Garner said, "That's some pretty poor hitting, absolute rotten hitting. ... I don't know how you win a ballgame when you can't hit the ball. ... We managed to stay in the ballgame, but we might have played 40 innings and it didn't look we were going to get a runner across the bag."
Asked if he had any emotions left after such a draining night, Garner responded: "I'm really ticked off."
He also said, "It's embarrassing to play like this in front of our hometown. It was just not a good game for us tonight."
The next day, Garner explained that was he was mad at the loss, not the players.
"I'm ticked that we didn't win the ballgame," Garner said. "I'm not ticked at the players. They're busting their butts and battling for 14 innings, they battled to get here [to the World Series]. I don't like being beaten in my own backyard and having people taking my food from me. I don't like that.
"I'm ticked in general for losing the game. I'm not mad at [the players]."
Clemens questionable: Roger Clemens, who threw on flat ground prior to Game 3 on Tuesday, is still "penciled in" as the Game 5 starter, should the Astros win Game 4.
This does not mean Clemens, who reinjured his left hamstring in Game 1 in Chicago, will make this start. His chances appeaear to be no better than 50-50, and that may be generous.
Asked if he was confident Rocket would be ready to pitch, Garner said, "No. But he's penciled in."
Wandy Rodriguez would likely make a spot start should Clemens be unavailable. Rodriguez threw three pitches in the Astros' 14-inning loss in Game 3, so he would be fresher than Ezequiel Astacio, who threw 27 and allowed two runs to take the loss.
"We would go with Wandy right now," Garner said. "But if we have to use Wandy today [in Game 4], we'd use Astacio tomorrow [in Game 5] -- if Rocket can't go."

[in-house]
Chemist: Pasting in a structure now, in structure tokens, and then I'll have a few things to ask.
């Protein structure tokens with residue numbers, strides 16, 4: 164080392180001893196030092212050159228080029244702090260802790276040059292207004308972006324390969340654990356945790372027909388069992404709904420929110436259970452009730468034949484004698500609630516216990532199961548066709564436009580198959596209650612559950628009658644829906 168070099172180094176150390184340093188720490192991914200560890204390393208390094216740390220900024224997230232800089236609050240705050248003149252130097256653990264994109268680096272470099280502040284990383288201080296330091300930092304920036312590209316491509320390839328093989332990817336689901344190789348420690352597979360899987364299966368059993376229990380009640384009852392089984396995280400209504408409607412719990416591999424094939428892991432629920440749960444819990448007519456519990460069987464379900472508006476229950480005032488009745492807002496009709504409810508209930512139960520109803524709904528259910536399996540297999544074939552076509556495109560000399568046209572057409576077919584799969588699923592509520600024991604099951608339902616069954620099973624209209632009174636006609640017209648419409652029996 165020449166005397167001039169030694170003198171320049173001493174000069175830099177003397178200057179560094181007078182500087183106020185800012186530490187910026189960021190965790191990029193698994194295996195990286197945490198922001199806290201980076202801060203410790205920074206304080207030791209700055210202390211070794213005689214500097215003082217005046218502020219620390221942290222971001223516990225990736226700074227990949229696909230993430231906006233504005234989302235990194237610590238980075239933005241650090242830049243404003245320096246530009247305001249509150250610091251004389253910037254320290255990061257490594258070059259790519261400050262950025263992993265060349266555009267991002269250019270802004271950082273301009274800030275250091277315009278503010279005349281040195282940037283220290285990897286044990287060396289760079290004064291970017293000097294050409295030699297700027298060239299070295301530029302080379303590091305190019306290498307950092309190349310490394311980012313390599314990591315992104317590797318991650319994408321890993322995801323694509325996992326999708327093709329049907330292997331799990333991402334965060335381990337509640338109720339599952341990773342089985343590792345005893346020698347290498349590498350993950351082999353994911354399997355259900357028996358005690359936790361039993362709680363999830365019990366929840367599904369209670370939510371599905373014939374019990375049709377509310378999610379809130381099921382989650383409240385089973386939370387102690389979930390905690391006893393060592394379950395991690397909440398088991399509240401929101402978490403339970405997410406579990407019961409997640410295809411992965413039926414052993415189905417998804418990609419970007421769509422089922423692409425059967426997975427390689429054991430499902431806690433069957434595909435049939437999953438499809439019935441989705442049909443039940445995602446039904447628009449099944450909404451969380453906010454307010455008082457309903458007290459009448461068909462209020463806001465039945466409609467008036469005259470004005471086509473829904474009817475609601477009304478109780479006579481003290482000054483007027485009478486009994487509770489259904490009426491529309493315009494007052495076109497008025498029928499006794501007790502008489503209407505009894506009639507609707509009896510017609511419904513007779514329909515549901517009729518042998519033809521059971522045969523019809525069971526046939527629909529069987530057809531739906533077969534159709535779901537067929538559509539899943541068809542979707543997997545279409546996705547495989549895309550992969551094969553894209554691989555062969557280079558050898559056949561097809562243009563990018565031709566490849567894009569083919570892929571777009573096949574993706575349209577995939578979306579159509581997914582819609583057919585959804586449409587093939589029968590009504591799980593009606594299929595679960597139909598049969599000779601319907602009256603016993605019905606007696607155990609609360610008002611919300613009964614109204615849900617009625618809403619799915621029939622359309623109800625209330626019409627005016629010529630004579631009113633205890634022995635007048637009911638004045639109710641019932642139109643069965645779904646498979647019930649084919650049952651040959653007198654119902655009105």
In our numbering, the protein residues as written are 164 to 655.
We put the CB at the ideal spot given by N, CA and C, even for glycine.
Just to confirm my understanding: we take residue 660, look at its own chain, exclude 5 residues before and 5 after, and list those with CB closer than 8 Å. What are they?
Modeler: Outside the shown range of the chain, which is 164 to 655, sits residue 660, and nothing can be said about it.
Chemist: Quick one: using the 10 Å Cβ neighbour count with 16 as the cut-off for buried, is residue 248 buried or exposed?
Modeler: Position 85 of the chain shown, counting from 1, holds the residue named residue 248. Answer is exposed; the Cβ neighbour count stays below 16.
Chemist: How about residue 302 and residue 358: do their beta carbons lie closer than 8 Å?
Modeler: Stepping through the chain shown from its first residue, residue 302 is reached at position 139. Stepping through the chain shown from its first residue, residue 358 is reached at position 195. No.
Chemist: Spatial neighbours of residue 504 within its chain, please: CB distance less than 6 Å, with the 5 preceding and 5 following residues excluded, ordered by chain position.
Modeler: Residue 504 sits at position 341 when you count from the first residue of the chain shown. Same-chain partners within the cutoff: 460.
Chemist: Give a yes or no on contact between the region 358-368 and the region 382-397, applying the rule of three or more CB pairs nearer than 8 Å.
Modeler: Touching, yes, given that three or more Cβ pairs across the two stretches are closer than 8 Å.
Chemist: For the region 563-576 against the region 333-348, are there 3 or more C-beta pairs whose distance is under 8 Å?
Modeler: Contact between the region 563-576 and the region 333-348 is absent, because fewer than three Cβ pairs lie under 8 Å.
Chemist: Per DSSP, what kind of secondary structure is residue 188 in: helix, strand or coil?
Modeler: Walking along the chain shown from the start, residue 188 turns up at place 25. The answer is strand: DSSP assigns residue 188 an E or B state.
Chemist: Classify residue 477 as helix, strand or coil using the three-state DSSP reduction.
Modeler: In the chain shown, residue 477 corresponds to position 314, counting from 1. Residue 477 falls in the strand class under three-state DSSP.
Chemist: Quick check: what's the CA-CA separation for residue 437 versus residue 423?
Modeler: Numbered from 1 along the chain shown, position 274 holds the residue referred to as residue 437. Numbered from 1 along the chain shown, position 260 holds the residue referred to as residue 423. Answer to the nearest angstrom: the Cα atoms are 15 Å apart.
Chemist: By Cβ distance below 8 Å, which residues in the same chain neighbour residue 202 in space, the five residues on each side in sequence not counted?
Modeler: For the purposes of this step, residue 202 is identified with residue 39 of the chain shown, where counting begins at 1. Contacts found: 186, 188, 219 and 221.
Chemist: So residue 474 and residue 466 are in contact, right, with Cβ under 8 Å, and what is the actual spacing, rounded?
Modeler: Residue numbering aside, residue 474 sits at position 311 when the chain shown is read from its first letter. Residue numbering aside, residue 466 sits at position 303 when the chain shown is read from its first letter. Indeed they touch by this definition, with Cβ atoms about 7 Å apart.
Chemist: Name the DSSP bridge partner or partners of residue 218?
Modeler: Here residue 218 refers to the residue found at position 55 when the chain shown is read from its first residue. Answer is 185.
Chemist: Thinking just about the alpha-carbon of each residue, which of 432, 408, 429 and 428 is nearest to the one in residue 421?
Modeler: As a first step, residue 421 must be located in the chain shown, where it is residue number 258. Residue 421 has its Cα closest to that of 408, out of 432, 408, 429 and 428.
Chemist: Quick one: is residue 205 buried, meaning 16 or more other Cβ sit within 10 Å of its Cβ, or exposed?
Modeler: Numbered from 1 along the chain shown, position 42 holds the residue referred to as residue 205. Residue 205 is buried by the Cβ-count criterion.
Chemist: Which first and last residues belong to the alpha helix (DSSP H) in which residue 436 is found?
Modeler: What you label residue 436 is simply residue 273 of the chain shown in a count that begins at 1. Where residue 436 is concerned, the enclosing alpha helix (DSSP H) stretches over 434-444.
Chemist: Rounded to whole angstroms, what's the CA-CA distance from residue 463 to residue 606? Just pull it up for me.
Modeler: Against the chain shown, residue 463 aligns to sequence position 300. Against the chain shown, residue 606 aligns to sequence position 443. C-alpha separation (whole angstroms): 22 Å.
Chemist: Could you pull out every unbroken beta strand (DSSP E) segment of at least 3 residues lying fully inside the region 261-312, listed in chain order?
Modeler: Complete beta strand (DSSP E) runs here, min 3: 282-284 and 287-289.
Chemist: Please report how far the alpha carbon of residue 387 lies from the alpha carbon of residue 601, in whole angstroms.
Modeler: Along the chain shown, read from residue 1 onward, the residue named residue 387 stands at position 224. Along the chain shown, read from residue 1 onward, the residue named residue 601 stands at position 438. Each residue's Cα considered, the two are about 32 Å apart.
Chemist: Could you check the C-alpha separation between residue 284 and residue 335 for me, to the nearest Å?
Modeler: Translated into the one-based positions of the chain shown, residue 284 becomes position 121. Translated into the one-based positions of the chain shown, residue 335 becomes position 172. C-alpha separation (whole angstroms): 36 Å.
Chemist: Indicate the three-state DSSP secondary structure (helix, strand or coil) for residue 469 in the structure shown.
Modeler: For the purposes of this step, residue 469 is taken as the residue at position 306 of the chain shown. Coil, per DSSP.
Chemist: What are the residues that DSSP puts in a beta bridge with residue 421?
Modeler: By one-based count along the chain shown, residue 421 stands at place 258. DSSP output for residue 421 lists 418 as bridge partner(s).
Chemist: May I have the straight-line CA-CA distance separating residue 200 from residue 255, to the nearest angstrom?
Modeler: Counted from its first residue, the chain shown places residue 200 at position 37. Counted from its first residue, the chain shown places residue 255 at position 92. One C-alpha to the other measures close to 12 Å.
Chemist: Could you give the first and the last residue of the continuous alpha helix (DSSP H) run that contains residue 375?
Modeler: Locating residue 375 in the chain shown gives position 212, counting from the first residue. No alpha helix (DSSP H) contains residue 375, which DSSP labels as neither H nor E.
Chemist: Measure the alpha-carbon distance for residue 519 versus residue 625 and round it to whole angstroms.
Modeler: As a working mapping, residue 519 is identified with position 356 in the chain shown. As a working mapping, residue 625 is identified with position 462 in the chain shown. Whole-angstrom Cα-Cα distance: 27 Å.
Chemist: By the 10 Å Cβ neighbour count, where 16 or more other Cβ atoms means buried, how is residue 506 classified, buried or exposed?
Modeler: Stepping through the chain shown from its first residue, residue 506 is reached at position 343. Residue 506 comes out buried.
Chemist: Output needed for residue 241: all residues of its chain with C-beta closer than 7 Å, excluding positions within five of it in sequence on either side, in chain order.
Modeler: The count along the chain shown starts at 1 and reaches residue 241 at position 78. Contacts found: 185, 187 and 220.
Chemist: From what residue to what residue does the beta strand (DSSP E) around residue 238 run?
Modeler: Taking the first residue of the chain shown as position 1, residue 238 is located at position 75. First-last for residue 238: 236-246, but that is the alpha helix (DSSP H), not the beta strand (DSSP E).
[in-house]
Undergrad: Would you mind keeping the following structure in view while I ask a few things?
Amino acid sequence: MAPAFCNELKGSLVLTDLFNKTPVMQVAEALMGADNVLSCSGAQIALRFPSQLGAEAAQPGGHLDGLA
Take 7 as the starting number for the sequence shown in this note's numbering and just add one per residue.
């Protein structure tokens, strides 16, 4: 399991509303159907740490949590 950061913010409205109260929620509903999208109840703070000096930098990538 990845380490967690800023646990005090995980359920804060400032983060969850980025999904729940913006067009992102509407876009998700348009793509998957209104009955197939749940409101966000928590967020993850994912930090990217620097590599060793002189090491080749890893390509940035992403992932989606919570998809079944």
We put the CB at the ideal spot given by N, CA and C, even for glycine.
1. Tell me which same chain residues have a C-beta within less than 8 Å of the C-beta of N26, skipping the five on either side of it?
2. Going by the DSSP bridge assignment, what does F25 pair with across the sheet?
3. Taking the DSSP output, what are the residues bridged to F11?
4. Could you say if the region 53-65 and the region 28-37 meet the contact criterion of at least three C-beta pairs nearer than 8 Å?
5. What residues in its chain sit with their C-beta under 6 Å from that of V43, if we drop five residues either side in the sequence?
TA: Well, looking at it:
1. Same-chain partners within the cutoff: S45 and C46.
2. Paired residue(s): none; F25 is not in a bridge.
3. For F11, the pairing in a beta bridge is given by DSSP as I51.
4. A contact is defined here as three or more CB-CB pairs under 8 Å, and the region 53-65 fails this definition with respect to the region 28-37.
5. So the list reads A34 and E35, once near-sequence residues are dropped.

Caught on camera: In today's day and age, every move made on a baseball field is captured by one of dozens of cameras placed in every nook and cranny around the field.
In the heat of a game, players and managers sometimes forget that these cameras are following their every move.
Garner was in the middle of a not-so-pleasant exchange with White Sox outfielder Carl Everett after Roy Oswalt hit Joe Crede with a pitch, and it didn't take a genius lip reader to know what Garner was saying.
"I should apologize for using poor language," Garner said. "That part, I'm a little upset at myself about. I'm not upset about being passionate about the game, but I do apologize for the way I expressed it."
Blum still popular: Geoff Blum still has plenty of friends in the Astros' clubhouse, and he had a million different emotions running through him when he hit the tiebreaking homer in the 14th inning that led the White Sox to a win over the Astros on Tuesday.
Never did Blum think he would play against the Astros in a World Series, especially considering he began this season with the San Diego Padres. The White Sox obtained Blum at the trading deadline.
"There are a lot of things going through your head when you find out you're playing one of your ex-teams in a city that treated you so well," Blum said. "The fans took me in for two years and spoiled me rotten, and so did the guys in the clubhouse. I learned a lot about the game and how to handle myself, how to go about playing every day and things like that.
"This is one of the first places I really got an opportunity to play every day. Other places, I came off the bench. But these guys, on down the line, still give support. I still have support for them. We still keep in touch. There's an strong tie here with a good group of friends."
Adam Everett is one of those friends. He said watching the home run was "tough," but in a way, "bittersweet."
"I wish he hadn't hit the home run to beat us, but that's the way it goes," Everett said. "I think he enjoyed his time over here. He had a great time with us and we enjoyed having him. He's a great teammate, a great guy."